“Fans cannot contact a recruit and attempt to entice them to attend a certain school, as this is a violation of NCAA rules. If a school comes across an instance of this happening, it is expected they would reach out to those athletics personnel, fans and boosters and reinforce the ground rules related to communicating with recruits. This communication outreach would most likely be reported to the NCAA, which would show the school is doing their due diligence to abide by the NCAA rules.”
My take? That’s cute. And it's 100% unrealistic. There’s absolutely no way the NCAA can expect its member institutions to police the boundless bandwidth of cyberspace for this kind of thing. It’s simply too big a job. Oh, and I’m no civil rights attorney, but how, exactly, is a college supposed to prevent this from happening?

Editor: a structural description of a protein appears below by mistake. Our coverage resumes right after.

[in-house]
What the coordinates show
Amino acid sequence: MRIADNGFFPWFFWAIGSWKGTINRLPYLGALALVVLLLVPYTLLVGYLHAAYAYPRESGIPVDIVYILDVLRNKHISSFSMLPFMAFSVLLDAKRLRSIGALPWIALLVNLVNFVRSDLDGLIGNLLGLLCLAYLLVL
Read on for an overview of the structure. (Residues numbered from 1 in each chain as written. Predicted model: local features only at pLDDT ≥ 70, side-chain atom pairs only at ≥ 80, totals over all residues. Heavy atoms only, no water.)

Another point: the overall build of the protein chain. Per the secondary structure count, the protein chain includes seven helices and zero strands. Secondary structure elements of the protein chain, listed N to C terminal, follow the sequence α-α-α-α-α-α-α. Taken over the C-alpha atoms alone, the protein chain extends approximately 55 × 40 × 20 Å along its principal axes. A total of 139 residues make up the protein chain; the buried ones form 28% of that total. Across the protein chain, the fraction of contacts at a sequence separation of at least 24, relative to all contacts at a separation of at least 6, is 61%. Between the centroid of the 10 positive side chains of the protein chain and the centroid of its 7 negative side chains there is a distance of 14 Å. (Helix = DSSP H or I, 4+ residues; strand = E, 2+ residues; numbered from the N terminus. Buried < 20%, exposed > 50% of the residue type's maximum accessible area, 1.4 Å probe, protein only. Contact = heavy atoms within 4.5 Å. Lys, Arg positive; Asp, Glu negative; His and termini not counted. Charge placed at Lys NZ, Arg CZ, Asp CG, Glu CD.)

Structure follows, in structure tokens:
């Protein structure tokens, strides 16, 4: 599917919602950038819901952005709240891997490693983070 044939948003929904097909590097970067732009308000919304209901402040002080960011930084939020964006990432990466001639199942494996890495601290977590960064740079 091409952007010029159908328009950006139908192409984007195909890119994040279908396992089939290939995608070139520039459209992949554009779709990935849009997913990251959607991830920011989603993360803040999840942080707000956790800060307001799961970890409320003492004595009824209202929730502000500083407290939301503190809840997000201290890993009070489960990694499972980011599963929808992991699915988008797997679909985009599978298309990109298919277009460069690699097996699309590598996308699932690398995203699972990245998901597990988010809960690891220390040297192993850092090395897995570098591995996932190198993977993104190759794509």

Well, at least on the surface at least, they’re trying. Several institutions are self-reporting these violations on a fairly regular basis, but given the sheer scope of this medium, it’s a losing battle. Heck, Syracuse’s OFFICIAL twitter account (@SyracuseU) re-tweeted a story containing info about recruits A.J. Strong and K.J. Williams, which became a secondary violation that they self-reported.
ACC-area fans will remember the hubub surrounding the recruitment of John Wall, and then-N.C. State-freshman Taylor Mosely creating a Facebook page entitled "John Wall PLEASE come to NC STATE!!!!" (sic) ... and the Wolfpack being scolded by the NCAA, claiming that this was a recruiting violation.